Roaching Is The Gross Dating Trend You’ve Probably Already Experienced

Dating trends come and go, but one that’s been around since time immemorial and likely won’t disappear anytime soon is roaching. The term may be new, but the behavior that inspired it certainly isn’t. While it would be great if single people were upfront and honest about what they’re looking for from the person they’re dating, the fact that they’re not makes roaching one of the frustrating — not to mention one of the grossest — trends out there. Here’s what it’s all about.

What is the roaching dating trend?

Roaching is when someone you’re dating hides that they’re dating around. You’ve gone out together for a few weeks or even a few months and you’re feeling good about how things are progressing. You’re really enjoying your time with this person and you’re almost certain it’s going to turn into a relationship. You two haven’t had a conversation about dating exclusively yet, but you feel it should go unspoken that you’re focusing solely on each other now. However, they may not see it that way. The fact is that they’re hiding that they’re dating around. They’re evading the topic and being unclear.

The term comes from the idea that if you see one cockroach, there are likely to be many more where that one came from. This translates to there being many more crushes, dates, flings, and maybe even partners in the perpetrator’s life. You may discover you’re being roached when the person you’re seeing hints at or even accidentally admits that you’re not the only one in their life. If that gives you the ick, you’re not alone.

How to tell when you’re being roached

  1. They refuse to define the relationship. You’re really into them and they appear to feel the same. So why, then, are they outright refusing to have “The Talk”? A prime sign of roaching is when the person you’re seeing dodges any discussion about exclusivity or putting a label on things. It’s incredibly frustrating.
  2. They never truly let you in. For some reason, it feels like they’re keeping you at arm’s length. You want to open yourself up to them and share everything. However, they’re not willing to do the same in return. Instead, they hide huge parts of their life from you so you feel like you never truly know them.
  3. They regularly bail on plans and never initiate them. Because they’re seeing other people, they can’t always be available for you. If they get a better offer or realize they accidentally double booked, you’ll be left in the dust.
  4. They’re always talking about how “casual” your relationship is. Whenever you mention something about being a proper couple or moving the relationship forward, someone who’s roaching you will contradict that by pointing out how casual you are. You’re serious but they’re not.
  5. When confronted, the person reacts like there was no hint of monogamy. Despite the fact that two people have been acting like a couple, the idea that one could possibly want to be in a relationship turns out to be a big shock. The roacher freaks out and gets very defensive, saying things like, “Well, we met on Tinder, I assumed it was just casual” and “I just assumed we were both seeing other people.” They act like they had no idea at all that it seemed more serious.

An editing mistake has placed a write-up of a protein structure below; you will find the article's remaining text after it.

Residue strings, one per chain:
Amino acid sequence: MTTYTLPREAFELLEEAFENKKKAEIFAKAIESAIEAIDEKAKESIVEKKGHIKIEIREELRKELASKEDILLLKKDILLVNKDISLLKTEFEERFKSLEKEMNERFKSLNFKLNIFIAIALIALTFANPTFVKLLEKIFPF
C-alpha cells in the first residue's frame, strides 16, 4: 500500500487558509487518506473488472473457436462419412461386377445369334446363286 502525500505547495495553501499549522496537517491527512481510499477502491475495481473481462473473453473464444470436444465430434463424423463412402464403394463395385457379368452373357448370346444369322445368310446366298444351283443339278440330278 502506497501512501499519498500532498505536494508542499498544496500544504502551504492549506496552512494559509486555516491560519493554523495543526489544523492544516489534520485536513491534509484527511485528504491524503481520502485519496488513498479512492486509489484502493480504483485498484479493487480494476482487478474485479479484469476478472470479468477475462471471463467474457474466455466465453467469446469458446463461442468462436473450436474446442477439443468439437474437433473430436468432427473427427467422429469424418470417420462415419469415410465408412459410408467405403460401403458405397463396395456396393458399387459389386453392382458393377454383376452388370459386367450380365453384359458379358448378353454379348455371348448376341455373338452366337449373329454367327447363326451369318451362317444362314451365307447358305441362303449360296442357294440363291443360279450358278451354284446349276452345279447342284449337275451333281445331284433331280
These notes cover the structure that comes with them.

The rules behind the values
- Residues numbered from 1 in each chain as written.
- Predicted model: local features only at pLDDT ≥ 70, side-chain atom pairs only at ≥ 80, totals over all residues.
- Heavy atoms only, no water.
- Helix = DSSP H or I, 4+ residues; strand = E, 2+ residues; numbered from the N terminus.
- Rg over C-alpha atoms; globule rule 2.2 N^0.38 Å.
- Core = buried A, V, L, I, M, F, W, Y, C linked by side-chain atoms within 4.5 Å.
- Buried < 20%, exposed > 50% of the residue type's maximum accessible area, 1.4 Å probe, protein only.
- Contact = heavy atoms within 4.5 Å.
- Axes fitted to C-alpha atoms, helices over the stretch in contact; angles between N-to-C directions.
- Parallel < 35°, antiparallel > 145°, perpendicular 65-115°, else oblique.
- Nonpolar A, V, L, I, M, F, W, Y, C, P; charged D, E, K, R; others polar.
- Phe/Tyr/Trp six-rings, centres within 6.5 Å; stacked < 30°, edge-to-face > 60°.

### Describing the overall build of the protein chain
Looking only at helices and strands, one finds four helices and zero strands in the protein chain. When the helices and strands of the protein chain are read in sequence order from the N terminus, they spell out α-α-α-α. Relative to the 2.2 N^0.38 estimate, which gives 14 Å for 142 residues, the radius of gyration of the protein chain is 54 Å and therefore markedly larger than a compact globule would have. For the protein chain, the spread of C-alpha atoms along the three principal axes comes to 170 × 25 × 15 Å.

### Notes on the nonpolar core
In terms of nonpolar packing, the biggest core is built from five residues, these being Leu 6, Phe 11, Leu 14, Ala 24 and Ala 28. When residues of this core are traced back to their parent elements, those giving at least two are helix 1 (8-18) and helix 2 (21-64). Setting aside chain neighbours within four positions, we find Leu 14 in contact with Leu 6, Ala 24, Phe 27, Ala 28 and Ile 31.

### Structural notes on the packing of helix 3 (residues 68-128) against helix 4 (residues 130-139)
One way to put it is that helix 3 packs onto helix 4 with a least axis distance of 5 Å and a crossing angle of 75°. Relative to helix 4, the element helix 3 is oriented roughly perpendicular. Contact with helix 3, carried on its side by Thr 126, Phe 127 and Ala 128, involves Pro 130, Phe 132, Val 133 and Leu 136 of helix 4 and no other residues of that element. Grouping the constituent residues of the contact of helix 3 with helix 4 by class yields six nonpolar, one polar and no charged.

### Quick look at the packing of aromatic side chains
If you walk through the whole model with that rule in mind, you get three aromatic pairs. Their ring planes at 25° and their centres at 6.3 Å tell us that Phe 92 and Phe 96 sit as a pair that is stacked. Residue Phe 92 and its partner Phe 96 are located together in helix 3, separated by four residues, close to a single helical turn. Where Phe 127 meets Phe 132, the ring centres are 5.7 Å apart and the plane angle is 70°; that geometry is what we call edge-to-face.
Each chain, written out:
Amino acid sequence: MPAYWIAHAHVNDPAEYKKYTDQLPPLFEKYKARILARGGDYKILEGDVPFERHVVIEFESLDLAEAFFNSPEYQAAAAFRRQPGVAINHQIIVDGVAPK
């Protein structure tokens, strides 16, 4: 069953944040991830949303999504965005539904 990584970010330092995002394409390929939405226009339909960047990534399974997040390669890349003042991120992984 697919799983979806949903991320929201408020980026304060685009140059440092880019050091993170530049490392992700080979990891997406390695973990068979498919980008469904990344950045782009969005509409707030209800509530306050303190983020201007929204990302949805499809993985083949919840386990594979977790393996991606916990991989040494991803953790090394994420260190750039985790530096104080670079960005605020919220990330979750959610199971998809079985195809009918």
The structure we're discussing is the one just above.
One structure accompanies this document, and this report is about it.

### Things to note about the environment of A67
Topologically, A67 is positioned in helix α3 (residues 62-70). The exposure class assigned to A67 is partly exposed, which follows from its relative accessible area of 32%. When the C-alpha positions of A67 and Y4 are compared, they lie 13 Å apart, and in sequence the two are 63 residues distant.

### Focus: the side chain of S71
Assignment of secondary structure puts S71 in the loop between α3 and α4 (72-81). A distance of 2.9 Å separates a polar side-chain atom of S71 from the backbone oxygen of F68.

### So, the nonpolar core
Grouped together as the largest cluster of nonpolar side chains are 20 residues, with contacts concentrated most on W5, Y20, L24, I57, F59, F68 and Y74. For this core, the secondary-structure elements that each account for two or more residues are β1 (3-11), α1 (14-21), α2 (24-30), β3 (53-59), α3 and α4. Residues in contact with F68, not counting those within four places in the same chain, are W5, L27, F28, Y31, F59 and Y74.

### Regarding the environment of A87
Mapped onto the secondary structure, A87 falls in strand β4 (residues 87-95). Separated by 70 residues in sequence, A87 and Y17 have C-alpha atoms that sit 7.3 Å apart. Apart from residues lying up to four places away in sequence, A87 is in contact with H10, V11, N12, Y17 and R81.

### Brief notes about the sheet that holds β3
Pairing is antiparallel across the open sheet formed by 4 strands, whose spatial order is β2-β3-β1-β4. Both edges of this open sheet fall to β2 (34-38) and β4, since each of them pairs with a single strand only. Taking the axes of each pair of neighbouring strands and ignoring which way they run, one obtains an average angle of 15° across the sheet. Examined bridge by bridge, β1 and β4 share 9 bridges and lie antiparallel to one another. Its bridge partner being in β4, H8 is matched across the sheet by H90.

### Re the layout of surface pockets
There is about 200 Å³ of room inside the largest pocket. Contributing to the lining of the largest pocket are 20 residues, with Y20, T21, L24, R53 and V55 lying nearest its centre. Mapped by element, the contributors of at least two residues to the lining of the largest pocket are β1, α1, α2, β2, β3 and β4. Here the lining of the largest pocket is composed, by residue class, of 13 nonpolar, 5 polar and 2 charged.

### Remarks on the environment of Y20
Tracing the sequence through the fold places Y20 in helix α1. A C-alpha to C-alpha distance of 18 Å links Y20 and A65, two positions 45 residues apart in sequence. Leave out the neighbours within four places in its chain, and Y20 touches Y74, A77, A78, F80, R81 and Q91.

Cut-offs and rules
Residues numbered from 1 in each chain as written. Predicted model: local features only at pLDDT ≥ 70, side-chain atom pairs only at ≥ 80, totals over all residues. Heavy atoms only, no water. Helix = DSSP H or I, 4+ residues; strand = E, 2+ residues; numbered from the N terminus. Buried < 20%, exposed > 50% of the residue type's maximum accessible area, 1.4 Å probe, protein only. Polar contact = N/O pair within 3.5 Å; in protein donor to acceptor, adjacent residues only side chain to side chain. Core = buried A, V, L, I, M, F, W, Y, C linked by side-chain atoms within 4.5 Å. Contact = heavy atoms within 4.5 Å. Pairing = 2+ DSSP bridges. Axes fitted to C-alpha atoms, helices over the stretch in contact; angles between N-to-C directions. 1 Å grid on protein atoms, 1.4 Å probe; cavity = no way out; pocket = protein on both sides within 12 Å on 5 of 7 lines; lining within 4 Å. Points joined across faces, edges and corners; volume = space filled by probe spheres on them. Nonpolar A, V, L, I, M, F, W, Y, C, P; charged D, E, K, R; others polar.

Why it’s so problematic

  1. Dating is all about trust. When dating someone, both people are building up trust to be able to be in relation to the other person. Trust is a building block for all relationships. Even casual flings need trust, but more importantly, the more serious budding relationships need it. When someone can’t even be honest about what they’re doing then there’s no trust to be had.
  2. It’s not the dating around that’s a problem, it’s the being dishonest. The responsibility of communicating that they’re seeing other people is on the person who is. It’s common courtesy, but also a given in dating. It’s not assumed that the person is seeing other people so they need to communicate it. Not communicating is being dishonest. It’s okay to see other people, but just be forthcoming about it to save everyone the trouble.
  3. Lies by omission are still lies. They’re definitely being dishonest if they’re asked about what they want in terms of a relationship, but it’s a bit of a grayer area if the question is never asked directly. They’re lying by omission when they don’t say anything and they go about acting like they’re in a relationship while also seeing other people. This isn’t cool.
  4. It’s especially toxic (and potentially dangerous) if sex is involved. It’s just flat-out unsafe if they’re having sex with one person while also having sex with others and not speaking up about it. There should always be talks about STD status, when the last time you were tested, last sexual partner, etc. If these talks aren’t had for some reason then they are the ones who should mention that they’re also sleeping with others. It’s only fair and right.

How to avoid roaching altogether

While you can’t police other people’s actions, you can do certain things to reduce the chances of this happening to you. They include:

  • Being upfront about your expectations
  • Having frank conversations about what your relationship goals are
  • Communicating your needs directly
  • Calling out inconsistencies or bad behavior
  • Walking away if your needs and desires are continually ignored
Bolde has been a source of dating and relationship advice for single women around the world since 2014. We combine scientific data, experiential wisdom, and personal anecdotes to provide help and encouragement to those frustrated by the journey to find love. Follow us on Instagram @bolde_media or on Facebook @BoldeMedia